The following morning we reached Delhi and I handed her over and returned. I was very apprehensive for a few days, awaiting summons from the 1st house but there were no comebacks, so all was well. I have never been more relieved.

Time passed, I got posted to Agra, Brig Sabharwal was by then was the Bde Cdr, I was in the Centre which is a different world in every aspect. You have so much time that you have to look for things to do, my passion was to get maximum books from Time magazine’s bestseller list and read them, there was all the time in the world for that. I was going on leave abroad in a few days. So the preparations had begun, meaning that I had started growing my hair. Lt Col LM Jain our ex 2ic and then CO 2 PARA came for his refresher; I had an Ambassador car so we went around calling on everyone we knew, just the two of us.

One day in the Centre Bar, having a drink and talking about old times, he mentioned that we should call on Brig Sabharwal the next day, that old fear of your first CO lingers; I had not had a haircut for some time now, so the Cdr seeing me with long hair would invite some action, all the effort I had put in to grow my hair would go waste. I wriggled out giving some vague excuse and got the centre car for him, the car arrived and I was escorting him to the car, he looked at me, winked and said, ‘So, you managed to saved your hair’.

These seniors can somehow see through everything.
One evening we bachelors were at the centre Mess, having a great time when the Comdts car screeched to a halt, this was followed immediately by the Cdrs car. I was in a suit and Brig Sabherwal, while literally running up the stairs snapped an order at me, ‘Boy, put on your uniform and come back in a minute’, my party came to an end, I was back in uniform in no time.

I was a Centre officer, the Centre Comdt was there but Brig Sabharwal had taken control, he told me, ‘There has been an air crash, rush to the airfield, find out what you can, we will come shortly’. I reached there, everyone swarming around, no one seemed to know what to do; The lesson I learnt there was that in any crisis when there are a lot of officers present, they all collectively do not know what to do. Brig Sabherwal arrived, and I conveyed whatever little I could gather at my level.

A C119 full of Ptrs on a night sortie had started to roll, on full power, at a runway crossing a vehicle jumped the red light and the pilot yanked the stick back , stalled and turned turtle, caught fire and all perished, there were no survivors, my Skydiving instructor, Sgt Govindan was also in that Ac. At the airfield I bumped into Awdhesh, Gods ways cannot be described, he was supposed to be on that aircraft but was taken off at the last minute. I hugged him, he had an incredulous look on his face.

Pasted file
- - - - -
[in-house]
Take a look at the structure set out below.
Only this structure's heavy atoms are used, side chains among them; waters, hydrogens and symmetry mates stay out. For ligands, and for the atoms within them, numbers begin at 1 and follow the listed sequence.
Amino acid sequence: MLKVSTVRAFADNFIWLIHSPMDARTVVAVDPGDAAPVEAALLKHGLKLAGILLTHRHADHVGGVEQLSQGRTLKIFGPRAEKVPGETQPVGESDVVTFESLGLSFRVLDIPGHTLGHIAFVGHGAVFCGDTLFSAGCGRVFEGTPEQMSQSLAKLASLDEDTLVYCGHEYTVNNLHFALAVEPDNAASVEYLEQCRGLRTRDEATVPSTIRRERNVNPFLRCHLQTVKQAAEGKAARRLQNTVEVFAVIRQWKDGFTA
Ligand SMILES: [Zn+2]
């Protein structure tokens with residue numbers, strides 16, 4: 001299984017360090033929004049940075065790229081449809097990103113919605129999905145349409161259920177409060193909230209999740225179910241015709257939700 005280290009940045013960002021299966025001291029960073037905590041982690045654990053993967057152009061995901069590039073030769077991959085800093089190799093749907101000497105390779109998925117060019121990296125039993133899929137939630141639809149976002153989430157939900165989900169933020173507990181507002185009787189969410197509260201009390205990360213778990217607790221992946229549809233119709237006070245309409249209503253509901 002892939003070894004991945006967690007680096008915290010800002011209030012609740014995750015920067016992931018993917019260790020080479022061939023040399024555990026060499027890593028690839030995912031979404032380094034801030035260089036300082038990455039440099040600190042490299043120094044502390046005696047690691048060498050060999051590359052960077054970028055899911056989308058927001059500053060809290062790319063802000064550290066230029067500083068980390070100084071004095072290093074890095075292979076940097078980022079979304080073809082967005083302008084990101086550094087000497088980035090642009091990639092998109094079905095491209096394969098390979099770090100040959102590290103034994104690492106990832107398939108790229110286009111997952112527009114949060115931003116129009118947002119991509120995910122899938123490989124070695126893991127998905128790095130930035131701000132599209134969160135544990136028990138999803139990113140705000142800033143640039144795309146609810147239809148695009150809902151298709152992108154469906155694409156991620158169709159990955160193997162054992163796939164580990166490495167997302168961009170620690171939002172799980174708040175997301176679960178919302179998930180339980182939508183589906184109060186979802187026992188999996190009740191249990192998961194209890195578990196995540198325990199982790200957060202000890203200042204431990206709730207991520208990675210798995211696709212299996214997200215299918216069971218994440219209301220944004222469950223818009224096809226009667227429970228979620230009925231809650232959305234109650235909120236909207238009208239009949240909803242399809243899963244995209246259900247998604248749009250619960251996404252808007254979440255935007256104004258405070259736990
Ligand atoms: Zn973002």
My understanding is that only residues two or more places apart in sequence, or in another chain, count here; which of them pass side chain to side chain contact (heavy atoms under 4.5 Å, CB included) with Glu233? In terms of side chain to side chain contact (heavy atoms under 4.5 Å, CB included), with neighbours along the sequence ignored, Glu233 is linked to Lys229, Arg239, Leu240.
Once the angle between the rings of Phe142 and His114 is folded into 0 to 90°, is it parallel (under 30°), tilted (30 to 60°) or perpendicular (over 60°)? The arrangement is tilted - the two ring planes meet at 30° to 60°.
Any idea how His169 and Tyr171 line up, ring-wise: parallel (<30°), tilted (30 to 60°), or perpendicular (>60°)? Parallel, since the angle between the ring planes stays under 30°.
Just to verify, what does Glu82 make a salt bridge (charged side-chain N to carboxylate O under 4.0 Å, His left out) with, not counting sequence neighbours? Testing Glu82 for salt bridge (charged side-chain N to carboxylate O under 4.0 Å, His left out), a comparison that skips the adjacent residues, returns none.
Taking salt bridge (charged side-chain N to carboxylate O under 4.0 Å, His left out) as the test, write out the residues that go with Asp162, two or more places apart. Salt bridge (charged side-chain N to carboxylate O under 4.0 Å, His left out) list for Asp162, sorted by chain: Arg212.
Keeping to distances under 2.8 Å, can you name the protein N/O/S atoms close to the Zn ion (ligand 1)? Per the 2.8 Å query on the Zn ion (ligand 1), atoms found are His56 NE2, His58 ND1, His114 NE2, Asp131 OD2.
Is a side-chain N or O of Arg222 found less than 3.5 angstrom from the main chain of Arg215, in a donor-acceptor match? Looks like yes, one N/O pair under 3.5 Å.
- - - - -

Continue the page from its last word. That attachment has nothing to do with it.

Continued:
After all he had stared at death in the face, the Gods had been kind to him at the last minute. The burnt and mutilated bodies strewn around, the horrid smell of burning flesh, it was a ghastly sight. The Cdr and Centre Comdt got into a huddle with the AF senior officers who had arrived there. Brig Sabharwal took overall charge in his hands, got complete functionality restored in a hopeless situation which no one knew how to handle.

A few months later, I got posted to the Bde HQ as the G3, the first day I reported, I was to meet the Cdr, he told the BM that there was no need for anyone to be present and he would see me alone. There were no taking chances with him, I had had a new uniform stitched, and everything on my apparel was sparkling clean and shiny. I marched in; he was looking at a file.

“ Good Morning Sir’ I saluted, after a few seconds he looked up from the file, that look, as steely as ever, ‘Hullo Boy’, he looked at me up and down, then addressed me, he said that I should always put my best foot forward, how to behave also whom not to behave like and what not to do. Bali and Taskar were also in the HQ with me.

It took a couple of minutes in his office and I was back to active military life, the good times at the centre were over. I had eleven years service then, though a Capt, in those days a Capt was a Capt, 6 years or 13. Somewhere in my tenure with him at the Bde HQ, I got my original name back; he started calling me by my name.